Kick Gurry, Kyra Sedgwick, and Erika Christensen (Photo: ABC)

It seems that ABC’s short-lived attempt at child-abduction drama last year, The Family, only whetted the network’s appetite for families in peril. This season, we have Ten Days In The Valley, a clear timeline of the disappearance of 8-year-old Lake Sadler-Greene. What could be a connect-the-dots thriller we’ve seen many times before—the cops, the flyers, the multitude of suspicious characters—has some added elements to help this 10-episode road take some turns you’re not expecting. As with other shows this season, Ten Days focuses on the varying levels between truth and fiction, underlined here by the fact that Lake’s frantic mother, Jane, is a documentary filmmaker now working on a fictional cop show that looks a lot like this one. Jane tweaks real stories into fiction for a living, so is it any wonder that she can’t find her own way to the truth even when her daughter’s life is at stake?

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Fortunately for us all, Jane is portrayed by Kyra Sedgwick, whose performance here is nothing less than masterful. Accidentally tripping on Special K mere hours after her daughter’s gone missing while on the trail of a drug dealer who might have some information: That’s a scenario that probably doesn’t come up often in acting class. Sedgwick is tasked with juggling not just a few emotions, but about 26—and she is such a pro, as well as a trustworthy, familiar presence, that the audience identifies with and roots for her immediately, even when Jane herself is being less than trustworthy.

Even better, Sedgwick is playing off of Adewale Akinnuoye-Agbaje, absolutely solid as John Bird, the detective in charge of the case. He takes such complete command of the situation, we would happily follow him right off of a cliff, and have little fear that he won’t get to the bottom of this situation eventually.

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What the situation is, though, isn’t clear even after the first few episodes. Several people had keys to Jane’s house, so since there’s no sign of forced entry, we have a variety of possible suspects. Jane’s vindictive ex looks like trouble, and he’s sleeping with her naive yet duplicitous assistant. Jane’s housekeeper Bea and her boyfriend are in need of some quick cash. Also, the fact that Jane has a long history of going after corrupt police departments adds many more people to her rapidly growing enemies list, as does her infrequent drug habit. And what about her vindictive writers’ room, led by the return of Malcolm-Jamal Warner, Cosby Show’s Theo? Or the fact that one of Jane’s writers is sleeping with someone from the police department that’s trying to get advance copies of her scripts?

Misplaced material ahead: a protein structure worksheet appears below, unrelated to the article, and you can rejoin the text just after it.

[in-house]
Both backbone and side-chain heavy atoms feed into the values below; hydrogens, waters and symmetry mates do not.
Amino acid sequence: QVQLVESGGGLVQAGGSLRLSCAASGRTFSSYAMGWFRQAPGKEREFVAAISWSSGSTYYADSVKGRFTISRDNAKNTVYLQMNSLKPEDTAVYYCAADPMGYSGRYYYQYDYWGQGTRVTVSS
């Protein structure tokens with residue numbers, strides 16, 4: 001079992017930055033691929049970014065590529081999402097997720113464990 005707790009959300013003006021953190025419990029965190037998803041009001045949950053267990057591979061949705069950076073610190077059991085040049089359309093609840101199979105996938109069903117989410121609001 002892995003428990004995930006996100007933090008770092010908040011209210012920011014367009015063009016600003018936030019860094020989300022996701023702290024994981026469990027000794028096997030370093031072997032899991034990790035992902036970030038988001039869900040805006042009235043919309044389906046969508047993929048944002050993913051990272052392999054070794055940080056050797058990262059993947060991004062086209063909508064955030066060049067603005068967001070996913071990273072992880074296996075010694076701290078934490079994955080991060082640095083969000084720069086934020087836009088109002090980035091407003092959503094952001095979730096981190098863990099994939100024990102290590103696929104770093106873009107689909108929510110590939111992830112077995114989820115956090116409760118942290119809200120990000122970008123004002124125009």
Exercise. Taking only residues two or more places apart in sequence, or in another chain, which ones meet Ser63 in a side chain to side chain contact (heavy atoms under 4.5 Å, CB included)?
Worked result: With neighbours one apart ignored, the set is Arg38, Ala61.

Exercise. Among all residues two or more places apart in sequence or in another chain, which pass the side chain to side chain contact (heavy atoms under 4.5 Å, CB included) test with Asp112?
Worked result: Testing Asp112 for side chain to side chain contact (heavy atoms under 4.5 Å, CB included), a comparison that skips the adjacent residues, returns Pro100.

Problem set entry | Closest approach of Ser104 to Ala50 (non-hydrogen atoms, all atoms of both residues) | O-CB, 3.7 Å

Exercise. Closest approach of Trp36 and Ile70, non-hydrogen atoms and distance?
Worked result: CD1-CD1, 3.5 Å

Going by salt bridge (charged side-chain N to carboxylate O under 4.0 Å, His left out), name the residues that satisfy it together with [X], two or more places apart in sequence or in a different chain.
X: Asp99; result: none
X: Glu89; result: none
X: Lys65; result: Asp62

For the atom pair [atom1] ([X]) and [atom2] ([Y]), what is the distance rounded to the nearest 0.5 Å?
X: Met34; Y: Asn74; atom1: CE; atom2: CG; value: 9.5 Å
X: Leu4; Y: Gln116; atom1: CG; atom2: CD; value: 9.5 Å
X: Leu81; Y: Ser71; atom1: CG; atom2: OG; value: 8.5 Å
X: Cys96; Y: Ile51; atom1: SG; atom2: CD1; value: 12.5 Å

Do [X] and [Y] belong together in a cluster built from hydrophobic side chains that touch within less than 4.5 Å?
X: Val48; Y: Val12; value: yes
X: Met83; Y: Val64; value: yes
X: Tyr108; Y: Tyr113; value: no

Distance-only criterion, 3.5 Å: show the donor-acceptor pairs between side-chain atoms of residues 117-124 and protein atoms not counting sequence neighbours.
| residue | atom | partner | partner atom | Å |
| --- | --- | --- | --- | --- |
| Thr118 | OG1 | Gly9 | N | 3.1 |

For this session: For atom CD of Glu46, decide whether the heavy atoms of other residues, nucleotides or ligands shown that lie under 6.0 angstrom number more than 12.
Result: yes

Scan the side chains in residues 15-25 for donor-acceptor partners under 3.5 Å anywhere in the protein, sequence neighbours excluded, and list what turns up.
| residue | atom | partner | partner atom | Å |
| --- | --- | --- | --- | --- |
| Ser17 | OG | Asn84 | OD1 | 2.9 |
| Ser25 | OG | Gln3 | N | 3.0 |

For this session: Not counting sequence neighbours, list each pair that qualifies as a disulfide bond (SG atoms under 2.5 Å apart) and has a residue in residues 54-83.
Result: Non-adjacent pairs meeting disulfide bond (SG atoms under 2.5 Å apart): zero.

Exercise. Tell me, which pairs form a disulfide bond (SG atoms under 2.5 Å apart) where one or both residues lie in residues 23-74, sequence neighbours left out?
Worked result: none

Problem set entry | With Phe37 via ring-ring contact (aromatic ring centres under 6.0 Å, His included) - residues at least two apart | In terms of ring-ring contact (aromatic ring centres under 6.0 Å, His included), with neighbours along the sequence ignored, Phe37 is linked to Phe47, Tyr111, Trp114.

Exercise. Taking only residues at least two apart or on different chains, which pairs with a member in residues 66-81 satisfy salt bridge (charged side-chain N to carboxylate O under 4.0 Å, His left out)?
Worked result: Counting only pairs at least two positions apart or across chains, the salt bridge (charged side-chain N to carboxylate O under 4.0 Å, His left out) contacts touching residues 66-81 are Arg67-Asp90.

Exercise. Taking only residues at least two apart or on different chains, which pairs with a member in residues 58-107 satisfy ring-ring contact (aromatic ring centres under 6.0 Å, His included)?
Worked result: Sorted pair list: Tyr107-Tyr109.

In only the first few episodes, the possibilities appear endless, adding necessary multiple options for this whodunnit. That said, the level of menace seems low: It’s safe to go out on a limb and speculate that there’s very little chance Lake won’t be reunited with her mother in the 10th episode. So we’re not as scared for the little girl as we are for Jane’s own journey: The trip to the drug house to find a possible witness seems particularly risky, especially since Sedgwick’s Jane appears so unhinged, we have no idea what she’s capable of. Akinnuoye-Agbaje’s Bird’s solidity balances all that, as consistent as a battering ram as he calls Jane out on her frequent falsehoods. If only all the characters were as compelling. Poor Erika Christensen is saddled with a part that can be summed up in two words—“infertile sister”—and her husband’s not much help. It would be nice if Kick Gurry’s character was more than one-dimension villainous. But maybe they’re all just paling when compared to Sedgwick’s massive complexity: Jane is far and away the person we want to see most on the screen. Fortunately, she’s front and center a lot.

We want to know especially: How could a mother as devoted as Jane not tell the whole truth during the investigation of her daughter’s disappearance? Is she hiding even more than we imagine? Jane’s profession of blurring facts and fiction is the most interesting thing about her. It’s punctuated by all of those index cards in her cop show’s writers’ room. She’s used to controlling the story, and clearly, most aspects of her life. Now everything’s out of control, so the possibilities seem endless, both positive and negative. As Sedgwick takes the lead in Ten Days In The Valley, we’ll be compelled to watch just how far that lack of control takes her.

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